How To Help A Family with a Medically Fragile Child

**This post covers kids that are medically fragile- meaning severely ill, and/or have other illnesses or disabilities that make daily tasks for their parents/caregivers challenging. I hope I don’t leave anyone out.**

This post is written with two kids in mind- Gillian and Ryan. Their moms, Shelly and Kesha, are complete rock stars. (I know them from high school.)

Both girls have complex medical issues and have battled so much in their young lives. They have siblings that have had to adjust to their sisters’ illnesses.

I follow both of their Facebook pages for updates.

Support is a Gift

Most parents of kids with medical issues are very grateful for any support they receive. I’ve never seen anything but this from Shelly and Kesha. In fact, Ryan gives back to her community when she is able to and I think that is neat.

How can you support these families?

  • Offer to watch any siblings, and then take them to do something fun. Siblings can miss out on fun things in the middle of hospitalization. Many worry about things that they aren’t quite old enough to understand and going to do kid things for a while can help ease that.
  • Bring meals. Everyone has to eat, right? If the family is nearby, they may really appreciate not having to worry about cooking so much. If they are at a hospital far from home, gift cards can be a huge help. It alleviates a financial worry plus what to eat. If you’re able, try to organize meals with other friends of the family.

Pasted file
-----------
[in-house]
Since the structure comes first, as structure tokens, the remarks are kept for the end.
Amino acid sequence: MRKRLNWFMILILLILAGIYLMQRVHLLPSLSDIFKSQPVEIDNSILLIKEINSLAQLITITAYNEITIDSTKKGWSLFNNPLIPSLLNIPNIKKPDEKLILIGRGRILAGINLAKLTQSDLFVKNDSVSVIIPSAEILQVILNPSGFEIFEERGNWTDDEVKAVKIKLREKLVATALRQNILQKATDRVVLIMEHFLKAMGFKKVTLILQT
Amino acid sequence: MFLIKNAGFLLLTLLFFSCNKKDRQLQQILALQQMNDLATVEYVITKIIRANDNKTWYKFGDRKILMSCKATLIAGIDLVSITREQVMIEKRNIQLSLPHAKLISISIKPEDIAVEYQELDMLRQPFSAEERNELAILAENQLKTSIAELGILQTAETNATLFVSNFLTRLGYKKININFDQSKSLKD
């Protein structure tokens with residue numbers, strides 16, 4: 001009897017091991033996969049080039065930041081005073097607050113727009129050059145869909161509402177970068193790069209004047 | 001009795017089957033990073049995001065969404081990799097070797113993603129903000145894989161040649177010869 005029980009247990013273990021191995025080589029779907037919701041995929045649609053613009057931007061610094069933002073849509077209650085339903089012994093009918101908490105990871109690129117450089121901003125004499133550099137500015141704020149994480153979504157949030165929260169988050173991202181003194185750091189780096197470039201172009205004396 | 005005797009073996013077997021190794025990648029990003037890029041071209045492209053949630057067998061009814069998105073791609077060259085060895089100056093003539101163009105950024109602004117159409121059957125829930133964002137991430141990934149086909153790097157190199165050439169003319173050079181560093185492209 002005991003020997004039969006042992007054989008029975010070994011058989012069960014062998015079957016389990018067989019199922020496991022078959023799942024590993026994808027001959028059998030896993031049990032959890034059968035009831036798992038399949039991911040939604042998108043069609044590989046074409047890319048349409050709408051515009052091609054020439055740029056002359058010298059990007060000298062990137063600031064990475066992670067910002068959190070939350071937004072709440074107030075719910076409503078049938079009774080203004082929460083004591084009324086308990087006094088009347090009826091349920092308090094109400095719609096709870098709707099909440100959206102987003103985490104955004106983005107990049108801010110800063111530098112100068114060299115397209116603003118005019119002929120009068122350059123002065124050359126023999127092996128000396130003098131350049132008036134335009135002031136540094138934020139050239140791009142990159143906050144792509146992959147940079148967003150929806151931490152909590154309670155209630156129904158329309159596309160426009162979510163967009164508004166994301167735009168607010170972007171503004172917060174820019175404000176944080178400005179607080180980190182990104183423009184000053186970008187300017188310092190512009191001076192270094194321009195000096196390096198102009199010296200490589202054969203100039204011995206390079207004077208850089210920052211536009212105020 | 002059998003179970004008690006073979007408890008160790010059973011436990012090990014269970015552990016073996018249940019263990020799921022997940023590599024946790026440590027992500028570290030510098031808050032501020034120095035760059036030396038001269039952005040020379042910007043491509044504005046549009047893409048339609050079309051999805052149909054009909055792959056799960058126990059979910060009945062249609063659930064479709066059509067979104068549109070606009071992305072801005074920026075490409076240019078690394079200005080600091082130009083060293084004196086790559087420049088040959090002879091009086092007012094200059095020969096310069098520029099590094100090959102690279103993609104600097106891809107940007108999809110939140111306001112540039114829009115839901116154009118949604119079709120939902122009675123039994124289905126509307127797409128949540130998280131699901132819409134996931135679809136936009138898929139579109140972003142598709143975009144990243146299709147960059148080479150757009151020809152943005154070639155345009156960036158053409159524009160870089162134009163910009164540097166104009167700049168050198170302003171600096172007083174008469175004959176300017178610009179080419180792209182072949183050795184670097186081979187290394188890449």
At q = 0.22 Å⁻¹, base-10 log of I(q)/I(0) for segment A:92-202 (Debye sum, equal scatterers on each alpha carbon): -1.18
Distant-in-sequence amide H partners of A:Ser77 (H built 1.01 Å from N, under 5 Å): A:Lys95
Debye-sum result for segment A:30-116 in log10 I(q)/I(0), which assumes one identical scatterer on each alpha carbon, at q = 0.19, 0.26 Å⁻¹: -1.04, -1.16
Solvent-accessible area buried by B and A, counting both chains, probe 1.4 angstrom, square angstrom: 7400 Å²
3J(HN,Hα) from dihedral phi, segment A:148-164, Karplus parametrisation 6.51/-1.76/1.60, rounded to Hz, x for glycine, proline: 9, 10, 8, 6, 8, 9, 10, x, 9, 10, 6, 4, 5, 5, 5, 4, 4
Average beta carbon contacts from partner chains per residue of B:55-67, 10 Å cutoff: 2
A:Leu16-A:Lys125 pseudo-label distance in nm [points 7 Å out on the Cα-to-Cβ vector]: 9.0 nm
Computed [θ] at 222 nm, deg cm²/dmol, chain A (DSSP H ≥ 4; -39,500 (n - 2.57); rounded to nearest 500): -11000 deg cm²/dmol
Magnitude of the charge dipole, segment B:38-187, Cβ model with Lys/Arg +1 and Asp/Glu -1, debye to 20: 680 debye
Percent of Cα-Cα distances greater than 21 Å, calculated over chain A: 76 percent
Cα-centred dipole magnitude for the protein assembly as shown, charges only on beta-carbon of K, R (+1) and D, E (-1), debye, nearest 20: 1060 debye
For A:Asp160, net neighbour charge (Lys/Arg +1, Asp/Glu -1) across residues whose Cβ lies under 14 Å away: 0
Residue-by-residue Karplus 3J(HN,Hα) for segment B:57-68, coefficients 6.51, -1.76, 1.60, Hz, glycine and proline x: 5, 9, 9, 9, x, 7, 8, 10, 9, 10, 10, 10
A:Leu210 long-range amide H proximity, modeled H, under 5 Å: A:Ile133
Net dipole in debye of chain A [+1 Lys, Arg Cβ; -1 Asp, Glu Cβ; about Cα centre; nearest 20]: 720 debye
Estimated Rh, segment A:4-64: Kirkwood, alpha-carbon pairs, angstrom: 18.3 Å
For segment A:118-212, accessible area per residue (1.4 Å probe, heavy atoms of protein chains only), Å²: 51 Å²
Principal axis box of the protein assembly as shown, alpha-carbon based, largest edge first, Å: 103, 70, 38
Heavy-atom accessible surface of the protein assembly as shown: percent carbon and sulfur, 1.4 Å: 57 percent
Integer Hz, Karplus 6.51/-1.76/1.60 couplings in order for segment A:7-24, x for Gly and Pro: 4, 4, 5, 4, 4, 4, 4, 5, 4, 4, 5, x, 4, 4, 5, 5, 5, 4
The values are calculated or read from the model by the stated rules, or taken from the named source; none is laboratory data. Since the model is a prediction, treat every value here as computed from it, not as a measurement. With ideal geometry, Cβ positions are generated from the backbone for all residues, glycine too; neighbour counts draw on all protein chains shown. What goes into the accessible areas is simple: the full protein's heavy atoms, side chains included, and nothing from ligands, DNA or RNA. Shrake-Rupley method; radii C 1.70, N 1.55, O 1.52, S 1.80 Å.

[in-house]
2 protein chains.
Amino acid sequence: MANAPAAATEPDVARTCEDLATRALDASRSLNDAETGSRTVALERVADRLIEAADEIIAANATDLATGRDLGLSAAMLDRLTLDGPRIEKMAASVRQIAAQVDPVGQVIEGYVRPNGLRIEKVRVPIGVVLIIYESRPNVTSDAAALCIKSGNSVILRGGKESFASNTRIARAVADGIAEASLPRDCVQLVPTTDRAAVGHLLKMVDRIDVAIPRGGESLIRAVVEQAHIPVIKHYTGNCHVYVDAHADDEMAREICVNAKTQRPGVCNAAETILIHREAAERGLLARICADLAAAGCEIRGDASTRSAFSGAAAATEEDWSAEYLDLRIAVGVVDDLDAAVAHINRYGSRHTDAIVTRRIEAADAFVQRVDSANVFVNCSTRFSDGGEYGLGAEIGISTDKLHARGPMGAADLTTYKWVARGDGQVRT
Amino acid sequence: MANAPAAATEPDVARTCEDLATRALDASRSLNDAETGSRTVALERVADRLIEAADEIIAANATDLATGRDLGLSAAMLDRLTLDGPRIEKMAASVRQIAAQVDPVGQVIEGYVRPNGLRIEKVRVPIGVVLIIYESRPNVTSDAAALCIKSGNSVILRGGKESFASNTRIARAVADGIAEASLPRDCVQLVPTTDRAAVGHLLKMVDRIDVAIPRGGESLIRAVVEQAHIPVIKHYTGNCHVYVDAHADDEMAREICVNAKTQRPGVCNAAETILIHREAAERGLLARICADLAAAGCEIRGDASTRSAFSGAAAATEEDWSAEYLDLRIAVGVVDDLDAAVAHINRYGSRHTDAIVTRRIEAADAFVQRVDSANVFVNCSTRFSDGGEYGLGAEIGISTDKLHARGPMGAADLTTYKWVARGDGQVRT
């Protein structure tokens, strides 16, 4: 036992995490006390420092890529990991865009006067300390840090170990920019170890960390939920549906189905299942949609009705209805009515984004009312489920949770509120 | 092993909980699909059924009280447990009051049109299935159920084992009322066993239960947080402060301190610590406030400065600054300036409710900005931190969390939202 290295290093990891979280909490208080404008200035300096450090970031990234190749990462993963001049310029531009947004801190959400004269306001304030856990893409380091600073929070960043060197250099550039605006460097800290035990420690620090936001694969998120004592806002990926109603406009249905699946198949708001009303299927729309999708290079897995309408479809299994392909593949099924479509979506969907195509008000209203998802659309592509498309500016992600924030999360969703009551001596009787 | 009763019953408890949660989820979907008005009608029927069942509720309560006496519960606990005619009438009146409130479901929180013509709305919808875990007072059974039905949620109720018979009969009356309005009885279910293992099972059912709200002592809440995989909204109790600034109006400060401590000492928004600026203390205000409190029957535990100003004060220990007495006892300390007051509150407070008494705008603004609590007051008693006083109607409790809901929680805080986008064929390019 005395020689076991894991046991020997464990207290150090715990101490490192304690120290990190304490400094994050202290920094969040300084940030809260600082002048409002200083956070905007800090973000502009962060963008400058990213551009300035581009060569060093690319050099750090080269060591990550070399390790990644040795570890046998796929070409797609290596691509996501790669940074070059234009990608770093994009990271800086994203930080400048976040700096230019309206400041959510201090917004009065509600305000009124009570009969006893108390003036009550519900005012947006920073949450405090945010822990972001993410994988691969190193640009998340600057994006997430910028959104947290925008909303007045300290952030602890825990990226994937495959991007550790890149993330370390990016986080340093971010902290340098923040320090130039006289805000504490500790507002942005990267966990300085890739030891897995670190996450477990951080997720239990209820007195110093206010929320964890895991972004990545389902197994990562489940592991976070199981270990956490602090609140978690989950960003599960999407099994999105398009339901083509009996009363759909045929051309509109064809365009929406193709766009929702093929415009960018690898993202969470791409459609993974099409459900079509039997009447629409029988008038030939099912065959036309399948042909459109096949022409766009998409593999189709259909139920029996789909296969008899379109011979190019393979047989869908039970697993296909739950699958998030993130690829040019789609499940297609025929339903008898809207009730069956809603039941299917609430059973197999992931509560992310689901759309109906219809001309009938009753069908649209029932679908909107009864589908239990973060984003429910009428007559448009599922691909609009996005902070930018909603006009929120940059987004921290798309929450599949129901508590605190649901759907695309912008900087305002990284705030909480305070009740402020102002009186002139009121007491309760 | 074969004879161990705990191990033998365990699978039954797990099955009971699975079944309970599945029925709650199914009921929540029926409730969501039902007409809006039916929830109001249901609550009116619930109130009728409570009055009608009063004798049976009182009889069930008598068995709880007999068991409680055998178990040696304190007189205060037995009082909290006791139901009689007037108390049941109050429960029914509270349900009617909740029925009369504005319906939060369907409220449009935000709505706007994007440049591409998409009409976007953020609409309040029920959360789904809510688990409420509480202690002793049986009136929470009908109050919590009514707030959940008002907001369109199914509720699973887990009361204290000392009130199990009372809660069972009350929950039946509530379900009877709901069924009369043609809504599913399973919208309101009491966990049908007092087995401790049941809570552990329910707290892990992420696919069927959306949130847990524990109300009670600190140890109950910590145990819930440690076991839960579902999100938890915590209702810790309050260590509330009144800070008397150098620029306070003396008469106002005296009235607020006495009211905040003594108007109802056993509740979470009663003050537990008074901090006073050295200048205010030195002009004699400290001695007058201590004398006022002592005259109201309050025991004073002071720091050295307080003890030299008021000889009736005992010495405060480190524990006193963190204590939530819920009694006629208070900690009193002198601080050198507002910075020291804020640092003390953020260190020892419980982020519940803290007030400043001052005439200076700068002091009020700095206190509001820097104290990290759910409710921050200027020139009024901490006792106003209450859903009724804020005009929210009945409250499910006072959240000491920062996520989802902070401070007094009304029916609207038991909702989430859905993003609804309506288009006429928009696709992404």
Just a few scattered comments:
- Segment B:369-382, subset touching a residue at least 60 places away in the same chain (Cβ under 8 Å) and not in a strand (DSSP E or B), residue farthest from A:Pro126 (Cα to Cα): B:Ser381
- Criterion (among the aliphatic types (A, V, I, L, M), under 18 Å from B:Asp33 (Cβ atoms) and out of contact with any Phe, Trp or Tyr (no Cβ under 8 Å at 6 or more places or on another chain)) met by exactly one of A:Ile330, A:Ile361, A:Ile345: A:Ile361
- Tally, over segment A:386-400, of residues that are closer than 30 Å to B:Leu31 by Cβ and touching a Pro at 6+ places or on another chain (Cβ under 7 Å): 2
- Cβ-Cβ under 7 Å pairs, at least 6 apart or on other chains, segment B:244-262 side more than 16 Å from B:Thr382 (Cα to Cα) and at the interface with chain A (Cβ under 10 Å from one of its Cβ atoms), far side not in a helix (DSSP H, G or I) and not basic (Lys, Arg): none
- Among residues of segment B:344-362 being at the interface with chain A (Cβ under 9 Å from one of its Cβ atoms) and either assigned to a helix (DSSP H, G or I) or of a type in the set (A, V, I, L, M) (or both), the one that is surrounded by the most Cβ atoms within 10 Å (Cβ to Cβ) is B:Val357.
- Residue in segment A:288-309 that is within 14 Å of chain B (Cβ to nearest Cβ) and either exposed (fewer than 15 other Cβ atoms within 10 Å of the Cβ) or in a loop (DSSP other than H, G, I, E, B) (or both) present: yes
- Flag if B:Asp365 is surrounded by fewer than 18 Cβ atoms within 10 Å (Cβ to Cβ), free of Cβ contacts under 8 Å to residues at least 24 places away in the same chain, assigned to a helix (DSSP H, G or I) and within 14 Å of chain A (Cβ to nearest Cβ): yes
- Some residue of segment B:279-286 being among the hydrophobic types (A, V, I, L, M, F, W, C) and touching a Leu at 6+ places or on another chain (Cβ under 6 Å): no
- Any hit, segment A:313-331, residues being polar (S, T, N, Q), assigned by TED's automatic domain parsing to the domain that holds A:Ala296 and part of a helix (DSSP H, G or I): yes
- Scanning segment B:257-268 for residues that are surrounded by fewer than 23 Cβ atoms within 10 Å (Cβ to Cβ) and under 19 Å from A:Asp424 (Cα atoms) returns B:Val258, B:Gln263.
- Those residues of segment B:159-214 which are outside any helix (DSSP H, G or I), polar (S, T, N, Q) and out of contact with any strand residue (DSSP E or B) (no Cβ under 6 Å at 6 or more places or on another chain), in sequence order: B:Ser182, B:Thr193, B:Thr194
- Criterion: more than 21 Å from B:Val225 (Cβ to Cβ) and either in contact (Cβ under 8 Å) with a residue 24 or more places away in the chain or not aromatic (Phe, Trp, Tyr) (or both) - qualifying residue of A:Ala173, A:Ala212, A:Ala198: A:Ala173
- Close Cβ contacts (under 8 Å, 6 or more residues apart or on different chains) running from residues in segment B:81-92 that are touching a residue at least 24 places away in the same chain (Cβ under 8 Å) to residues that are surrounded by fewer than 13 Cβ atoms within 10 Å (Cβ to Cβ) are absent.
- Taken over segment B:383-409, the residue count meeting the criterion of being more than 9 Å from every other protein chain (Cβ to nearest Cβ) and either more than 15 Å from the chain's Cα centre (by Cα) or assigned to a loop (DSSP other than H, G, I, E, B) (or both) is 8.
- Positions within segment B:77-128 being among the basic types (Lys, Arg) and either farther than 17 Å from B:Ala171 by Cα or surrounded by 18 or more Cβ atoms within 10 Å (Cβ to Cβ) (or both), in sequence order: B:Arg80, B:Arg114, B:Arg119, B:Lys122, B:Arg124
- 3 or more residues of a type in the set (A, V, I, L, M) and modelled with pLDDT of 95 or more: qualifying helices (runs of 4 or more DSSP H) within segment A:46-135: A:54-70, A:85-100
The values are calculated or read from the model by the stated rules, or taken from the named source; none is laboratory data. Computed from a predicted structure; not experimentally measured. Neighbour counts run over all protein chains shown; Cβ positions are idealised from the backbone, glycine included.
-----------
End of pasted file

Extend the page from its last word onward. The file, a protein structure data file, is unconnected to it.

• Don’t shut the family out. The parents may be busy with their child’s appointments or other needs, but they still need adult time. They need interaction that doesn’t revolve around their child. Keep them up to date on events around them.
  • Bring fun things for the child in the hospital or at home. It is not fun at all to be hospitalized or at home for an extended period of time. Kesha has an Amazon list for Gillian because so many people asked what she wants or needs during her extended hospitalization. These things help pass the time and keep the child entertained. They can even bring a bit of happiness.
  • Just be there. This can be invaluable. Sometimes the parents just need someone to vent or cry to. Ask the parents how they are doing.

This is not a complete list of everything you can do- there are many other ways you can be helpful. The ideas I listed are just a starting point.

All parents need support, whether their child is well or not. We’re in this together, right?

Do you have ideas to add to the list? Please leave them in the comments. Have you had a friend help your family or have you helped a family while a child was hospitalized?

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